In contrast, I recently visited a rural free house with just a single cask beer. I doubt whether they have any modern cellar management equipment, or have even studied the subject beyond picking it up from the bloke who did it before. But each group of customers included at least one person drinking it, and it was fresh, delicious and cellar-cool, just as it should be.


  1. Did you not stand at the bar telling everyone Old cockwhacker was drinking well today and berating those that bought chemical fizz? That would have improved turnover for your second pint.

    But yeh, you can I think get the gist of whether the handpulled beer is any good by observing whether other punters are necking it then using that to inform your decision on old man beer V fizzy piss.

  2. I had a pint the other day that wasn't served warm. What a pleasant surprise that was! Its a depressing situation when to receive a pint of bitter at the correct temperature is a point worth noting.

    The problem is that a lot of people actually believe that beer should be served warm. I went to a village event the other day and the beer stall had bottles of GK IPA at room temperature (it was 20 degrees). When I asked if there were any cold ones, the chap rather reproachingly said, "this is proper beer, its meant to be drunk at room temperature". I didn't have the heart to correct him and had a glass of squash instead.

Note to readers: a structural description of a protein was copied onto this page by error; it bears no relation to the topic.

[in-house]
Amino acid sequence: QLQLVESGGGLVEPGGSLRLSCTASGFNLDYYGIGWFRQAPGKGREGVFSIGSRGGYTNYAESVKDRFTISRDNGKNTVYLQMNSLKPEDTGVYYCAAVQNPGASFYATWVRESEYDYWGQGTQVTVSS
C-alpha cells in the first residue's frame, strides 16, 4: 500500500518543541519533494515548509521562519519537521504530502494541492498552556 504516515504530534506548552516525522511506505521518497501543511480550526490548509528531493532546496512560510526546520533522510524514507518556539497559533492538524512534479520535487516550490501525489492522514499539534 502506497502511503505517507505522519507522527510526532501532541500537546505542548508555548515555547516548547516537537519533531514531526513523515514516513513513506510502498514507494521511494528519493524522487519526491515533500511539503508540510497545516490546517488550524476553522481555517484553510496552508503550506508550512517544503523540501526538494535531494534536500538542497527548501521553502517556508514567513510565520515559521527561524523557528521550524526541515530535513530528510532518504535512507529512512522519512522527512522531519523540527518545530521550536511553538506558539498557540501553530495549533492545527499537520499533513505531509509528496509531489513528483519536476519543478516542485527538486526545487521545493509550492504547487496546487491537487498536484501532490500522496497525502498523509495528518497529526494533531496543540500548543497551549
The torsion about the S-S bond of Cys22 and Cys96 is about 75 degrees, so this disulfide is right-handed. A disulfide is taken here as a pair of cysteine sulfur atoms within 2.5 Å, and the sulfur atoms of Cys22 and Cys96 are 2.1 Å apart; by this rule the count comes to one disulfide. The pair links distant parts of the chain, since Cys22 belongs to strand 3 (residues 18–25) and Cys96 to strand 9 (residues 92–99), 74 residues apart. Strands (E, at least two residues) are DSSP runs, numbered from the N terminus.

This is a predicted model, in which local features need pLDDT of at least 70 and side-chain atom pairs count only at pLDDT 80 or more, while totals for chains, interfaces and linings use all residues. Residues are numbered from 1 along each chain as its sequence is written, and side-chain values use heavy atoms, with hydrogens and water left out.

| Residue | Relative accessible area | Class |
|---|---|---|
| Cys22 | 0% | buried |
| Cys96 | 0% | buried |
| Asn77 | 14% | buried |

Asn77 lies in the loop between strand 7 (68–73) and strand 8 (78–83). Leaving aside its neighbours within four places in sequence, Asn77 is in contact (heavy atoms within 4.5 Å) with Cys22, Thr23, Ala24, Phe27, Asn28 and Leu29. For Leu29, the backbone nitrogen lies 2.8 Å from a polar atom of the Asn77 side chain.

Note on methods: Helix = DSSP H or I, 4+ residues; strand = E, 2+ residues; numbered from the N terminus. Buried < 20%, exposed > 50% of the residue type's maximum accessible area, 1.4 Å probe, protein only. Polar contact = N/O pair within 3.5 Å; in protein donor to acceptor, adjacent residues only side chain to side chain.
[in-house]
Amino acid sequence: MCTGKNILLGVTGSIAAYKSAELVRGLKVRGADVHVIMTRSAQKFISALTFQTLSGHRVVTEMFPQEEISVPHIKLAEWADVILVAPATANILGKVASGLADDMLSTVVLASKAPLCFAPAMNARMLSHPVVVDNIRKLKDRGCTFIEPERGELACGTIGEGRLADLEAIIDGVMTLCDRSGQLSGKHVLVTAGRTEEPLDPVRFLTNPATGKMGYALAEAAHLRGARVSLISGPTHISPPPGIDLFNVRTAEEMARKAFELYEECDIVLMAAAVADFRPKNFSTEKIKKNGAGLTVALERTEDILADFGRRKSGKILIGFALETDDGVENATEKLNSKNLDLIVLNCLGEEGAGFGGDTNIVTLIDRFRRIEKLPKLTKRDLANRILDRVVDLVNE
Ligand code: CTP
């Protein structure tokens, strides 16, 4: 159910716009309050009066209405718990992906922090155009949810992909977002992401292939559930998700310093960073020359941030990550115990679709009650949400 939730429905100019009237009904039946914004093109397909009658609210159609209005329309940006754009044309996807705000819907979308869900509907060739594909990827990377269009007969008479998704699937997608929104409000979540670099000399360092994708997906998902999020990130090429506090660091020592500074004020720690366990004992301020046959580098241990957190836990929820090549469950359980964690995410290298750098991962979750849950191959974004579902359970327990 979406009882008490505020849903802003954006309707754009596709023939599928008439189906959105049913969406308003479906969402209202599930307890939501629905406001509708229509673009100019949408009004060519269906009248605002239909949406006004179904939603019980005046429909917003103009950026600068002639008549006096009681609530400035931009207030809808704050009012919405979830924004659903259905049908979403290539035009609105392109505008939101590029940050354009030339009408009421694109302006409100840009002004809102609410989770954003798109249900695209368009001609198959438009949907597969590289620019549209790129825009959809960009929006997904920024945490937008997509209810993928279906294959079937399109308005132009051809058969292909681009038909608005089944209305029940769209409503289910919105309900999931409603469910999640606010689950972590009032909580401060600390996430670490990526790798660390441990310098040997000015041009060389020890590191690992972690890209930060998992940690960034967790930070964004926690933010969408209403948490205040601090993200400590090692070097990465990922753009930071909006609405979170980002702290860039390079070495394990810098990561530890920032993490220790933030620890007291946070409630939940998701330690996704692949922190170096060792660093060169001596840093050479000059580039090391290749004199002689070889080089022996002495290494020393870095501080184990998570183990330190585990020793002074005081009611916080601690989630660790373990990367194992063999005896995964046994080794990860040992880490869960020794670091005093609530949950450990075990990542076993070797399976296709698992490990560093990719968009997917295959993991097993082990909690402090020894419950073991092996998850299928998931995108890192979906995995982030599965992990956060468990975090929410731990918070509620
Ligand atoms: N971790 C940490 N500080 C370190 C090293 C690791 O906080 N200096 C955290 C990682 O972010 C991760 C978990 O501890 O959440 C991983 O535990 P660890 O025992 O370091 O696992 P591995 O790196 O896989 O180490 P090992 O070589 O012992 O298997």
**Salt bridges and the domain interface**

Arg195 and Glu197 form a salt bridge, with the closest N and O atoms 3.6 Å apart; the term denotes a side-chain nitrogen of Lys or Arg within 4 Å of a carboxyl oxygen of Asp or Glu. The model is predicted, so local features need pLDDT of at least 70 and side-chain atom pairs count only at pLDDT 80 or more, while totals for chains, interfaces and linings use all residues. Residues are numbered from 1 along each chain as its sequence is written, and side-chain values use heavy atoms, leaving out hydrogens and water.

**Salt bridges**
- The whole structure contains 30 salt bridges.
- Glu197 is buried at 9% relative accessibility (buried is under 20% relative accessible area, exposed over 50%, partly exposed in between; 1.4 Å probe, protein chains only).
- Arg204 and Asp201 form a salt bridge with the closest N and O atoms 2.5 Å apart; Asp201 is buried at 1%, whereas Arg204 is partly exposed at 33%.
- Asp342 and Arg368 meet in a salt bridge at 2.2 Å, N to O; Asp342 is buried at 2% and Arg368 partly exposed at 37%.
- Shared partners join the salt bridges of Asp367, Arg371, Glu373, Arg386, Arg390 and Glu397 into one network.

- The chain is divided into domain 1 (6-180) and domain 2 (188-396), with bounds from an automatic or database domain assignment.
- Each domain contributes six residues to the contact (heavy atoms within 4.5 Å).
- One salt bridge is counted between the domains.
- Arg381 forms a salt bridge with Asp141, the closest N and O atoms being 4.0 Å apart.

3. I think, PYO, that the American cliché that the English drink warm beer is largely to blame. It wasn't helped when John Major as prime minister waxed lyrical about England, citing cricket, warm beer and wayside inns in support. It turned out that his idea of a wayside inn was a Little Chef. When anyone comments about real ale being warm to me, I usually say, "Try having a bath in it; then you'll see how warm it really is."

  4. Not hard-spiling the beer is definitely a problem with a lot of licensees. When we had our Real Ale Off-Licence I used a simple little device known as a "Race Spile". These are basically nothing more than two-way valves. If the pressure in the cask becomes too high, the valve will open to allow some of the excess gas to escape. In normal use, the valve remains closed until beer is drawn off (by the action of the person at the bar pulling on the handpump). The valve then opens the other way, in response to a fall in pressure inside the cask, allowing just sufficient air in to restore the equilibrium, before shuting off again.